Tuesday, November 29, 2011

Why call it "BV Engineering?"

A man I greatly respect wrote to question why I call it "BV Engineering."  There are many engineering disciplines, he noted, but is there a degree in "business value engineering"?

I said I thought an MBA was the degree to get for this. Not another regular engineering degree.  But I agree with him that for some the name is mis-leading

But this begs the question. Why do I call it "BV Engineering?" Those of you who have taken one of my courses will of course know.

Those of you taking the BV Engineering workshop in Ottawa on Dec 8-9 will also learn (again) why.  And more.

But why?  Two reasons.

First, Scrum is a framework, and purposefully does not attempt to define the engineering practices that the team should use in building the product.   Scrum assumes that these engineering practices are not perfect.  And assumes that the imperfections will show up in the Impediments List.  And, when an impediment rises to the top, it will be fixed.

So, I want all the stuff around Business Value to be treated the same way. All the ideas, all the people, all the tools, all the process.  It needs to be continuously improved.  And items need to go on the Impediments List. And then get fixed!  So, I want BV Engineering to be amongst the engineering practices we are continuously improving.

Second, I have colleagues that have some wonderful ideas about Business Value.  Good, big concepts. Or other ideas.

And I want that to be wedded to rigor (or at least more rigor), discipline, and metrics.  Yes, metrics around BV are hard. And?  This is the only really important thing we do -- deliver business value -- so I think we should have some metrics.  And be continuously questioning how good the metrics are.  This is what they do in physics.  And so should we in business.

To me, 'engineering' implies rigor, discipline, and metrics.

So, apologies if the phrase otherwise does not work for you.

To see other posts about BV Engineering, just click on that label to the right.

Sunday, November 20, 2011

Scrum & Kanban

Jim Coplein today posted a very interesting post on Jeff Sutherland's Scrum Log.  It's title is:  An Alternative to Kanban: One-Piece Continuous Flow.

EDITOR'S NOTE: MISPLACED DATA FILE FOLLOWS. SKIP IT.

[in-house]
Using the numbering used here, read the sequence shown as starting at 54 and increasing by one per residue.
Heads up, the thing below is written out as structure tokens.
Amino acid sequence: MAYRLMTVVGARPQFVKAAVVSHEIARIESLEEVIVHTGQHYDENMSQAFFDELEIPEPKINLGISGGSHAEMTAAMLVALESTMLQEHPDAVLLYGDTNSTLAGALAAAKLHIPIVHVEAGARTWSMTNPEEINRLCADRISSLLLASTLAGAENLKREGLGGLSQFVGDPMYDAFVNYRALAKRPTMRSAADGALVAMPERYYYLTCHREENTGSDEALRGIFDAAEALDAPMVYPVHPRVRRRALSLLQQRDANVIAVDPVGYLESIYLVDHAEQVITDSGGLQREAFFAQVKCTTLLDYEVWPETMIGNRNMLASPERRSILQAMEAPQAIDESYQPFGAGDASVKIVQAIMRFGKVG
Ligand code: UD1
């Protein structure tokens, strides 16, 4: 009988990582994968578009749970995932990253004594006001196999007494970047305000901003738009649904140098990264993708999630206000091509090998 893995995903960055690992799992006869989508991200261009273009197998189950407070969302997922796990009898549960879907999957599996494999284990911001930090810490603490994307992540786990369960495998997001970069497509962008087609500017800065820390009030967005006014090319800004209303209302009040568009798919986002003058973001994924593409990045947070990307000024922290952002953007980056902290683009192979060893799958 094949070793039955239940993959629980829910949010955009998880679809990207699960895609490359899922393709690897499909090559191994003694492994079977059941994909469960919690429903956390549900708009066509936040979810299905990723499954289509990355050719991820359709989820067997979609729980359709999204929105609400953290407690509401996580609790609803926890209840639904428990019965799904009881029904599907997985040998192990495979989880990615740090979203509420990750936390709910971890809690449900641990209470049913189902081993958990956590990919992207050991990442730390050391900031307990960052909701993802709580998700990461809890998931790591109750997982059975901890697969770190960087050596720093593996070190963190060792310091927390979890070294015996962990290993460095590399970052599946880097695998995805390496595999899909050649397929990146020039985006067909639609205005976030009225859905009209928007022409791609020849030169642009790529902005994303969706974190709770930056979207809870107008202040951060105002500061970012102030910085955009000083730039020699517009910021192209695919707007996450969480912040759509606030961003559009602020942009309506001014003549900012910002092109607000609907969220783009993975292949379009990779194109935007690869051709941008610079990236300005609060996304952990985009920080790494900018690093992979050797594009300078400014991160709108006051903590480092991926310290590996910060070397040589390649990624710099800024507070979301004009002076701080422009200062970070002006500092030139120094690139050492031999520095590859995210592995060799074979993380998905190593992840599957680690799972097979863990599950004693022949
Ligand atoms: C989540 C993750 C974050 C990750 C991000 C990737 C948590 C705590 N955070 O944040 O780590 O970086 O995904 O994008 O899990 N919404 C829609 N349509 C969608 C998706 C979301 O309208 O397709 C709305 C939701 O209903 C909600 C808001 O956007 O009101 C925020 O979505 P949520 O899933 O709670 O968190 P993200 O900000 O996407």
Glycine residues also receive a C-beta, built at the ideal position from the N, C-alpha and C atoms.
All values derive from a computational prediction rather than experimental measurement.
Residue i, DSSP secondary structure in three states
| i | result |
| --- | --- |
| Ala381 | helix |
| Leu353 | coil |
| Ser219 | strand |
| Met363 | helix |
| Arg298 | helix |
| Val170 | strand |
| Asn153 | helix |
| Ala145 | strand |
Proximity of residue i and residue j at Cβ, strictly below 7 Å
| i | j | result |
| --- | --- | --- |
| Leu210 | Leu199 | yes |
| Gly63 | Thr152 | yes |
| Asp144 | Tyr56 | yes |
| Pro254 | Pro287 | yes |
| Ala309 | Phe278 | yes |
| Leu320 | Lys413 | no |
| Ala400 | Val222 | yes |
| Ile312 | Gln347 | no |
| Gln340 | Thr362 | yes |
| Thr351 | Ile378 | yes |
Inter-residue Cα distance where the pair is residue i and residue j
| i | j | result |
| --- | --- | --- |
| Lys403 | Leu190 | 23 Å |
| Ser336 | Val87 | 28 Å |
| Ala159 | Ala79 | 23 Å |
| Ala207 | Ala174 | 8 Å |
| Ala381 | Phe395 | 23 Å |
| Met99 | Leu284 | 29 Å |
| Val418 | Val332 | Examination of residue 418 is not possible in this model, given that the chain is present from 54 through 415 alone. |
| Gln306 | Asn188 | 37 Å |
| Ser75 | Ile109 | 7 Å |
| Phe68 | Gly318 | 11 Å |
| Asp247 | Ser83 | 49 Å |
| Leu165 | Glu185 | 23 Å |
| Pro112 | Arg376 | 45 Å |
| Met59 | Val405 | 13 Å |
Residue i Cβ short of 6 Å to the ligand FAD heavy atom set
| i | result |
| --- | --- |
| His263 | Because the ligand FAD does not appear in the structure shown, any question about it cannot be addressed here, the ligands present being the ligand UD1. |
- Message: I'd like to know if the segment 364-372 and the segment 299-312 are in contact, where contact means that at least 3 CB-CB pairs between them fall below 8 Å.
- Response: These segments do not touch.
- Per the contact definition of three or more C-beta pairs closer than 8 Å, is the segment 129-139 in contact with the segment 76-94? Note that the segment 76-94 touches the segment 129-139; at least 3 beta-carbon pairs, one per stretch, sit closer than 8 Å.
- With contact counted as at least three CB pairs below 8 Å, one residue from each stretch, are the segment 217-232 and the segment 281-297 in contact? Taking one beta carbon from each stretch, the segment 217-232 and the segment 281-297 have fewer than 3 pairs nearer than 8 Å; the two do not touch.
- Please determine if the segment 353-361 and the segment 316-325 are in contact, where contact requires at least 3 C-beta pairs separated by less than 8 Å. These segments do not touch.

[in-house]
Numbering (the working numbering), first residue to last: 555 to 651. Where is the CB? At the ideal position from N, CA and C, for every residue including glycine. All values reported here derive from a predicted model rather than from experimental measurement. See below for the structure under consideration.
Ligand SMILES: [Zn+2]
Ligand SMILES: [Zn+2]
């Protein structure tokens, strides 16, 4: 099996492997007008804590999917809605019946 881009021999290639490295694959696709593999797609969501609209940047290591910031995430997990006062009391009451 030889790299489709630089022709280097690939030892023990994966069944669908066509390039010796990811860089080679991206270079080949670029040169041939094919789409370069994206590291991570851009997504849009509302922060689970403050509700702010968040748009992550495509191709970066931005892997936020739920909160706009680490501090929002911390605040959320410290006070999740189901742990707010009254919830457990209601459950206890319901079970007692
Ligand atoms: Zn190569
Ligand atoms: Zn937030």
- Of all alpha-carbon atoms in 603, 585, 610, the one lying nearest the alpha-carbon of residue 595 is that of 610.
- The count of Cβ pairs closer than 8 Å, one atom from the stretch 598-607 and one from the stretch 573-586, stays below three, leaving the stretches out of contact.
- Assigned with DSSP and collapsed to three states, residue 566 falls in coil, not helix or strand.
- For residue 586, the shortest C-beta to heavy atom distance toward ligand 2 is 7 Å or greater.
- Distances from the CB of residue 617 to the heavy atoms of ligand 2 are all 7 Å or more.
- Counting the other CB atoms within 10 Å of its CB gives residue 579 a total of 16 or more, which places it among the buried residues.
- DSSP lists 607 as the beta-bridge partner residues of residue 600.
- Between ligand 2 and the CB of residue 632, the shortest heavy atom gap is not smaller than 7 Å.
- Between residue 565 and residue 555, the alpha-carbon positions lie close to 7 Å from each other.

In the piece Jim discusses the definitions and merits of Scrum and Kanban.

This is a subject about which I too have some feelings.  Not feeling as talkative as Jim, I will summarize them.  This will allow greater room for mis-interpretation, and therefore for greater learning. (smile)  

1. Let's get more results. I am getting to the point where I don't care if we use Scrum, XP, Kanban, scotch tape, or Granma Berthe's Bible. What we use or what we call it means less and less to me.  

Show me the smiling faces. Show me how it helped you or your team or your customers.  In real life. The results are what matter.  The gods who spoke to Jeff and Ken and the scrum community knew this well. 

I better add: I still think Scrum is the place to start, and I don't believe in Scrum-But. But this subject is another 10 blog posts.

2. Lean bias.  I look at Scrum and Kanban as parts of Lean.  And I like them all.

3. Scrum. I think it is an excellent start. About as much as one team can change in a short period of time. And, yes, while it is simple, it takes years to become a master.  

But Scrum is only a framework, and while the team should not subtract from Scrum, stuff must be added to Scrum.  Actually quite a lot of stuff, in my opinion.

Scrum's 'incompleteness' is not a defect but a virtue.

4. Kanban.  The cards in Lean were stolen from Piggly Wiggly (the grocery store).  Which pleases me, since I have been to some of their stores, I like them, and my kids have "I'm Big on the Pig" t-shirts from Piggly Wiggley.